From campus to career: settling into the world of work

Guest BloggerFinal Year, Graduates, Guest Blogger

I can do this

We don’t know where the time goes – one minute you’re a fresh-faced, wide-eyed 1st year exploring campus and trying to figure out how to get to the right lecture theatre, the next you’re flying the Aston nest and entering the big wide world of work *wipes away tears*. This can be a strange and scary time, so to help the transition from student to employee go smoothly, we’re sharing our top tips to help you settle into your graduate job in no time. Enjoy.


Before you start

Don’t make the mistake of pretending this whole job thing isn’t happening until the morning of your first day. Use the time you have between accepting the role and your start date wisely to make sure you’re fully prepared for your first day. Here are some suggestions of what you can do to get started:

  • Get the key details. Sounds obvious, but make sure you know your start date and where you need to go on your first day. Is there a certain time you need to be in by? Who do you need to ask for when you arrive? Find these out and make a note of them all in your diary/phone. Trust us, you’ll thank yourself for it later when you’re having a last minute panic about whether your new manager is called Serena or Selena.
  • Plan your journey in advance. We can’t stress this enough. Look it up on Google Maps. Familiarise yourself with public transport timetables and routes. Find alternative routes you may need to take if necessary. Think about what you will need to do if there are delays. It’s a really good idea to do a practice run if you can so you will know what to expect for the real thing.
  • Research the local area. Moving to a new area for work? Do some research to help you settle in quickly. Some things you could look up:
    • What’s the local area like?
    • What are transport connections like?
    • Where are the nearest cinemas/restaurants/bars/shops?
  • Get your first day outfit ready. You will really want to impress on your first day, so take some time thinking about your outfit and lay it out the night before. It’s better to look too smart than not smart enough, so if you aren’t sure of the dress code, opt for staying on the smarter side – think black trousers, smart shoes and a blouse/shirt. When you start, you’ll be able to see what everyone else is wearing to get a feel for the expected dress code.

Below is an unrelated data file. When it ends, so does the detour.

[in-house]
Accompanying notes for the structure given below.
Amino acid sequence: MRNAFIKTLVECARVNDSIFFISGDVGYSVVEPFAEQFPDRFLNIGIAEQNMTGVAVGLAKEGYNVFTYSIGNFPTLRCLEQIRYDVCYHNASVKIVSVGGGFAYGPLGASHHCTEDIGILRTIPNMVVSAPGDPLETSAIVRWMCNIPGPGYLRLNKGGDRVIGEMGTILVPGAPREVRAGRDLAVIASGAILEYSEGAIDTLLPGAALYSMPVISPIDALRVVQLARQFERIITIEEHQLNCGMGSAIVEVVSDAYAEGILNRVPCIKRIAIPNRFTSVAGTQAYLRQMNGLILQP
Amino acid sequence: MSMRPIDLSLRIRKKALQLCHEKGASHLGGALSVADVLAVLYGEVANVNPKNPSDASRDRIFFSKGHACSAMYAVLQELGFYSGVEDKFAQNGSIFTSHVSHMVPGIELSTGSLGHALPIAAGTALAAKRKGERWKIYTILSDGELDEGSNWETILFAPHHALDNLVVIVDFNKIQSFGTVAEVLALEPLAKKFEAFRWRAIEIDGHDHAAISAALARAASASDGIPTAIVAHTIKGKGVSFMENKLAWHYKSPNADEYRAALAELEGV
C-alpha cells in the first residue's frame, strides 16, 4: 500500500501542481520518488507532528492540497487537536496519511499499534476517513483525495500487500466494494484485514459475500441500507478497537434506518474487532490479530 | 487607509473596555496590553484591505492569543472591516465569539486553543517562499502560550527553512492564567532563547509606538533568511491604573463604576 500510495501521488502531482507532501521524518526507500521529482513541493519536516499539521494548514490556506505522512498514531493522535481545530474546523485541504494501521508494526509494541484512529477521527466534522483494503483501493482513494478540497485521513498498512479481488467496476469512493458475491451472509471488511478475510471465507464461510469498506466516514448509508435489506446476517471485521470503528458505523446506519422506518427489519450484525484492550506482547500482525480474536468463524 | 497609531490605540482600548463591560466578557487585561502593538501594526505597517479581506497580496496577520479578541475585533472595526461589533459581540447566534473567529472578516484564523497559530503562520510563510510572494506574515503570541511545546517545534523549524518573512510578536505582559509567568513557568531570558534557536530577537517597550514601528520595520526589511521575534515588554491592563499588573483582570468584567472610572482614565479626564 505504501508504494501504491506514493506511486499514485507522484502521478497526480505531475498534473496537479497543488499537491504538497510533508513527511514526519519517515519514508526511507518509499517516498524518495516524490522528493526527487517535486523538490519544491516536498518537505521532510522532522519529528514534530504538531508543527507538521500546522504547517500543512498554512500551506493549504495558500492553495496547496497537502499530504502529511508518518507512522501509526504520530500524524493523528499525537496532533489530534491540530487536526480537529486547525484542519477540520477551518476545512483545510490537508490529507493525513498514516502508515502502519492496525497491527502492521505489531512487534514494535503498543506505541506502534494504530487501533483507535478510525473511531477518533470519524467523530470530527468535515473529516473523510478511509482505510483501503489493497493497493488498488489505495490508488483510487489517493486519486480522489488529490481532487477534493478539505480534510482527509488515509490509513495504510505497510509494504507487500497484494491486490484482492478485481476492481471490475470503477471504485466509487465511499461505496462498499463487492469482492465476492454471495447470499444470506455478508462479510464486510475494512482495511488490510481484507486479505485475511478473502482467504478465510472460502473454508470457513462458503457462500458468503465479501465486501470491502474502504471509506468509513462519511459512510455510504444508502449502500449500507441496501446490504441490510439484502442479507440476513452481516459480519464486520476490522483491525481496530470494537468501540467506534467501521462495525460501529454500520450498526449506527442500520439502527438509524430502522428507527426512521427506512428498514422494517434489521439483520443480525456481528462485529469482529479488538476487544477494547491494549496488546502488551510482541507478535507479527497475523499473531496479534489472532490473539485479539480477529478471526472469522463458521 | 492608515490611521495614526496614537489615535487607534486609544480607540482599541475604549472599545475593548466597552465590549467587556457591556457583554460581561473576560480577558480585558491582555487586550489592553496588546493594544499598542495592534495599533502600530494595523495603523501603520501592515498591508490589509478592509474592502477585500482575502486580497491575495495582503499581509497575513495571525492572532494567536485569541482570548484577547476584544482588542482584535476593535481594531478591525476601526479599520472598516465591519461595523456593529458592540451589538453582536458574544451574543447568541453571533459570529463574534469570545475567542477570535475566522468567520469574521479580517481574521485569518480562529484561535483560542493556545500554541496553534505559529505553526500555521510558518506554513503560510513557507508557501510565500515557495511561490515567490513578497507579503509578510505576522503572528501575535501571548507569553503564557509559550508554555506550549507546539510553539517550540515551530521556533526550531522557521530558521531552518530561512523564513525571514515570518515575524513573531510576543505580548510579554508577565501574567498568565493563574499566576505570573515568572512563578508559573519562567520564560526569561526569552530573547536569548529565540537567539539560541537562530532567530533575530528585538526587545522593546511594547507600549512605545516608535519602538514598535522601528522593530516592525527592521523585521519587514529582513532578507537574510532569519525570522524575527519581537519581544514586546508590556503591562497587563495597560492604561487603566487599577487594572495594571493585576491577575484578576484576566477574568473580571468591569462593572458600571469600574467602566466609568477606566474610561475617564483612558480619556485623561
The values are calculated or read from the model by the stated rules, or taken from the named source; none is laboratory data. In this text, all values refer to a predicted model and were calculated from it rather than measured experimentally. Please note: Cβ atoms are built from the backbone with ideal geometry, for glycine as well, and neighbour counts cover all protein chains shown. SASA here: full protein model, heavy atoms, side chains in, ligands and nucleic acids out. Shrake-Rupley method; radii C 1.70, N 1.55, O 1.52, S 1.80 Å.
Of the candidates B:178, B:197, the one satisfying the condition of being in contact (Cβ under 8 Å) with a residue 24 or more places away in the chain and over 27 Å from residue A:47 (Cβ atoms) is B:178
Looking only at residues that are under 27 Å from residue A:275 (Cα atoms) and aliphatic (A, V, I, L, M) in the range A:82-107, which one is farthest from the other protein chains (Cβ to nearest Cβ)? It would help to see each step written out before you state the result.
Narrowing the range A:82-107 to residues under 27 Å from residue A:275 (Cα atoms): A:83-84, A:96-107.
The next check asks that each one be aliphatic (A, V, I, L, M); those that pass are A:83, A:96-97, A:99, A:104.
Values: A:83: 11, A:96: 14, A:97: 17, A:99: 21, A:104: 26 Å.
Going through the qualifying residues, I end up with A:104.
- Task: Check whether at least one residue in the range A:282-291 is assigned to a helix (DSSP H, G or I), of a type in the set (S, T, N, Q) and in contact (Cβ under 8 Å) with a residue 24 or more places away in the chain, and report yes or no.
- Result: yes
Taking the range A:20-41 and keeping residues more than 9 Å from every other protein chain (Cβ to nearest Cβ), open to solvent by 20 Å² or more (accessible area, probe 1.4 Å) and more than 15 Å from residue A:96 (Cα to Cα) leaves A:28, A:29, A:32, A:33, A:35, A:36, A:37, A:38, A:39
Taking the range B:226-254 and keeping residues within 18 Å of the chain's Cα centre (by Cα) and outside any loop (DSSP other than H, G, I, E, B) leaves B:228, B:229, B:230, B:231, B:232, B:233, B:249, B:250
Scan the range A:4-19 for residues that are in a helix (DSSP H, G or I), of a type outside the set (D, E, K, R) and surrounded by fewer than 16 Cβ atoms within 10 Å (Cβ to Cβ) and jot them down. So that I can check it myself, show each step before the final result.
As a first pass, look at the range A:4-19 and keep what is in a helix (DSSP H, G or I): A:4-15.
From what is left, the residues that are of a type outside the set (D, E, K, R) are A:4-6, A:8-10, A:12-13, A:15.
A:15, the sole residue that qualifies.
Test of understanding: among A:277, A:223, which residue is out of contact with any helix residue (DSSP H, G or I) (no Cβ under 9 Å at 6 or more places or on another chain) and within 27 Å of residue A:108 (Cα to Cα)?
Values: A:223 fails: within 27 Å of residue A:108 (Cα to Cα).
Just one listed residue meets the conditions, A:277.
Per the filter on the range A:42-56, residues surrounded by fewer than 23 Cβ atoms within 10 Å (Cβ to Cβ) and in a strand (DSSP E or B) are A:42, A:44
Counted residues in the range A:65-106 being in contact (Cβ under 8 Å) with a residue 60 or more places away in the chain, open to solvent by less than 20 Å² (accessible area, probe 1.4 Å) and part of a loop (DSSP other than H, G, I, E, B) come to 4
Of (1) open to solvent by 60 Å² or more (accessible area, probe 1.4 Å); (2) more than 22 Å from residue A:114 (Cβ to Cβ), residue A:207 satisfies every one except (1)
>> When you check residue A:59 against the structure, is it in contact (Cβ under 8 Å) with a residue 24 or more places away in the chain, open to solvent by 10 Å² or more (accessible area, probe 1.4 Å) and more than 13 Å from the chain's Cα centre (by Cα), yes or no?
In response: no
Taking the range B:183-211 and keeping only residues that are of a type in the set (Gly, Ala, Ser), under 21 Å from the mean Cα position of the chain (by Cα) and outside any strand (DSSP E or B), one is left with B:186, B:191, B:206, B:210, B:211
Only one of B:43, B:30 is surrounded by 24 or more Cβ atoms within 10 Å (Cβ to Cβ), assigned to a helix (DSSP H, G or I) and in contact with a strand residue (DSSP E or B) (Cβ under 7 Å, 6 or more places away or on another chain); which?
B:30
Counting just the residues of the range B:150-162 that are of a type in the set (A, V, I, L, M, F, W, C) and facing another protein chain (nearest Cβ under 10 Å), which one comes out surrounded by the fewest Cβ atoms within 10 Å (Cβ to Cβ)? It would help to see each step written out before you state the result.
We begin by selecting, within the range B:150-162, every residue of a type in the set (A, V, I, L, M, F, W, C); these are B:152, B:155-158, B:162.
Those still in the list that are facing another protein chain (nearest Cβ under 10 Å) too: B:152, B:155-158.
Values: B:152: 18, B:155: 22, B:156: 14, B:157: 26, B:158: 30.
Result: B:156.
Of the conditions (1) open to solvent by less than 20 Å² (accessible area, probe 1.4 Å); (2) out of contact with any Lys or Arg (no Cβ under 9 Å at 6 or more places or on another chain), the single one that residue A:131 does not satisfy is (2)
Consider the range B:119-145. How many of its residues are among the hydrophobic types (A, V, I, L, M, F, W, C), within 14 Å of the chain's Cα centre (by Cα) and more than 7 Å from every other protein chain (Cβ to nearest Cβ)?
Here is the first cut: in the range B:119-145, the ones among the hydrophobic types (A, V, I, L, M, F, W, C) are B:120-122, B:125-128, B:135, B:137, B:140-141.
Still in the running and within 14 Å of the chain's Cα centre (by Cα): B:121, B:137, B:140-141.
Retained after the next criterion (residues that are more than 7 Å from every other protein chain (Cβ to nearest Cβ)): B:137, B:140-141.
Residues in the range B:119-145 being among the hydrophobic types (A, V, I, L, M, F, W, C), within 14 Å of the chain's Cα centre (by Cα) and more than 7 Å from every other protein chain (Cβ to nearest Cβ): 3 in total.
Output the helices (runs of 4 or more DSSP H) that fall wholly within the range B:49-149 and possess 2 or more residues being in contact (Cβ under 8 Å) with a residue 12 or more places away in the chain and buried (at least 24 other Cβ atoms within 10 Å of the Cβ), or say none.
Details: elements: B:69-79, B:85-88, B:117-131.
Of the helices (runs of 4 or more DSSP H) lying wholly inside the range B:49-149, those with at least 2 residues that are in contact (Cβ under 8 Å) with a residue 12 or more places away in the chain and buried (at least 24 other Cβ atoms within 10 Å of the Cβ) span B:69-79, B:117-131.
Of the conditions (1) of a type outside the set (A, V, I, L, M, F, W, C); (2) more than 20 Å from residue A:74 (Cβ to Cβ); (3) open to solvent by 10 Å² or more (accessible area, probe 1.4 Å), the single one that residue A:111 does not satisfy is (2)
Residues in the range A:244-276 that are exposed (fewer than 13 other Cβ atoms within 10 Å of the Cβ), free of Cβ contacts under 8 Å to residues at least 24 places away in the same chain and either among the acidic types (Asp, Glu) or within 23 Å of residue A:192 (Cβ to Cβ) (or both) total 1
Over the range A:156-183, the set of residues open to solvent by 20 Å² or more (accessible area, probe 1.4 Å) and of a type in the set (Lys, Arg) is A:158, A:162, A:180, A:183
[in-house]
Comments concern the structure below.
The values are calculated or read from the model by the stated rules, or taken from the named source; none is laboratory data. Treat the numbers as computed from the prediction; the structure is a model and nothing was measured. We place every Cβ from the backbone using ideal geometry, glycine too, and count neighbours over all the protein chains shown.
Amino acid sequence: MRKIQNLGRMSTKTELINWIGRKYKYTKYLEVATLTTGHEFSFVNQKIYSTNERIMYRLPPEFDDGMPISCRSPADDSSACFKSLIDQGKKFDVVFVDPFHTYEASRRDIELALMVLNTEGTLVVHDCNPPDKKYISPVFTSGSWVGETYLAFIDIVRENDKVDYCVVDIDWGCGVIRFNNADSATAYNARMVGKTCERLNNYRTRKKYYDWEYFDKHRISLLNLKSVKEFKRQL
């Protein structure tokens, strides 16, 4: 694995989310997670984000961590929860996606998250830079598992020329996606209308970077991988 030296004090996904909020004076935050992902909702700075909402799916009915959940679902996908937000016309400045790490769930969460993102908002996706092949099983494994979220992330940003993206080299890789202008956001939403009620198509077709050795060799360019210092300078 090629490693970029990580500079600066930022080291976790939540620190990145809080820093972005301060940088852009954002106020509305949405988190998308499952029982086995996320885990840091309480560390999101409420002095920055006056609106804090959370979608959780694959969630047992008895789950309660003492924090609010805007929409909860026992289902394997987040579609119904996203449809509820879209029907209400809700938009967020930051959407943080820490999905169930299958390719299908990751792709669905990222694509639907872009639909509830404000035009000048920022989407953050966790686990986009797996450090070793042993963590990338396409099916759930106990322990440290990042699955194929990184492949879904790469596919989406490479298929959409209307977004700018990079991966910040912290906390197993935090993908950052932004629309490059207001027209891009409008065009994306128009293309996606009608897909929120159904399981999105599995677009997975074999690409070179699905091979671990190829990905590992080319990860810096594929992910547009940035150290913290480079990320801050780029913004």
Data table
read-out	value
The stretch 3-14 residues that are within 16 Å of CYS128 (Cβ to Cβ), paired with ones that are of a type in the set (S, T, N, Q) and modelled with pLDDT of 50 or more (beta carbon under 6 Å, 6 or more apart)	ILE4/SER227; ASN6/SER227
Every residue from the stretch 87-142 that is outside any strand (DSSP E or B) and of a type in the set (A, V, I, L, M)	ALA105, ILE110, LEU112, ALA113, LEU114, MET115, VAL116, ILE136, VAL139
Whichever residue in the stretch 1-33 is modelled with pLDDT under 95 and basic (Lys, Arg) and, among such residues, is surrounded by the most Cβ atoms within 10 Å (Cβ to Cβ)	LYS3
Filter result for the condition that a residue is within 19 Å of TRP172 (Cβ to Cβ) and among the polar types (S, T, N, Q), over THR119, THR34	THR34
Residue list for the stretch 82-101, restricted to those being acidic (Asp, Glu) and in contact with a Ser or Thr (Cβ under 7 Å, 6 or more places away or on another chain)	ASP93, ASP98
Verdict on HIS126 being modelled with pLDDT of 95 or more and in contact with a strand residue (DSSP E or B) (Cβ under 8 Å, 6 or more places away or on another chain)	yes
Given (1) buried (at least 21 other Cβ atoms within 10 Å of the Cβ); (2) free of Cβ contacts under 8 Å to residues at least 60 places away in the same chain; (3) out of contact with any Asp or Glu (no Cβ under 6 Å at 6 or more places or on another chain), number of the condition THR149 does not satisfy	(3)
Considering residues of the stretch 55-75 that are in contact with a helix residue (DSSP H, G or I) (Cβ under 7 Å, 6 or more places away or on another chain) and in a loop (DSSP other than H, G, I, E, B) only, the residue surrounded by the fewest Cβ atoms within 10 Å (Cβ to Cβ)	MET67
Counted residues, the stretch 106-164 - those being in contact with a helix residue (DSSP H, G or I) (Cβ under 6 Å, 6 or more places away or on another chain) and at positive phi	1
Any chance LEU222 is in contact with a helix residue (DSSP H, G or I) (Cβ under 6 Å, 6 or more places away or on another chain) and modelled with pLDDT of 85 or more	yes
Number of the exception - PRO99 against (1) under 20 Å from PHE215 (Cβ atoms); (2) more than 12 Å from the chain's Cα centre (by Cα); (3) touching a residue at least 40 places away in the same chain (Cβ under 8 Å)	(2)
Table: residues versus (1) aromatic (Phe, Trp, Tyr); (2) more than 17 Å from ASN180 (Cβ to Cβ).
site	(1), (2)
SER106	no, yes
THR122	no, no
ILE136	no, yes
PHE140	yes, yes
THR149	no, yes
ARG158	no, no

• Sleep well. Have an early night the day before you start. And please set an alarm. You really don’t want to wake up to missed calls from your manager because it’s 10.37am and you’re nowhere to be seen. Also, leave yourself time for breakfast beforehand. This way you won’t be at work yawning your head off with a growling stomach. Not a great first impression.

Your first day

This is it – the big day. You’ve taken our advice and prepped as much as possible beforehand. Now how do you have a successful first day? Well…

  • Breathe. First day nerves are completely normal, but they’ll soon settle. Your first day will most likely be a day of introductions anyway (don’t worry, nobody expects you to remember all of those 50+ names you’re told right away) and getting a feel for what you will be working on, so don’t you fret – you won’t be expected to start holding important client meetings as soon as you walk through the door.
  • Know what you’re doing for lunch. Now, this depends on how you feel. You might want to prepare something nice to look forward to so you don’t have the additional stress of finding somewhere to eat. Or, you might want to use this as an opportunity to get to know your colleagues – ask for recommendations of where to get lunch from or join the team for a trip to the work canteen. This can help you settle in much quicker and start to give you an idea of who you’ll be working with.
  • Ask all of the questions.
    Don’t be scared to ask your manager and colleagues things – your first days are about learning what you’re doing and getting used to the company. Nobody expects you to have all the answers right away. So fire away. Here are some important ones to get you started: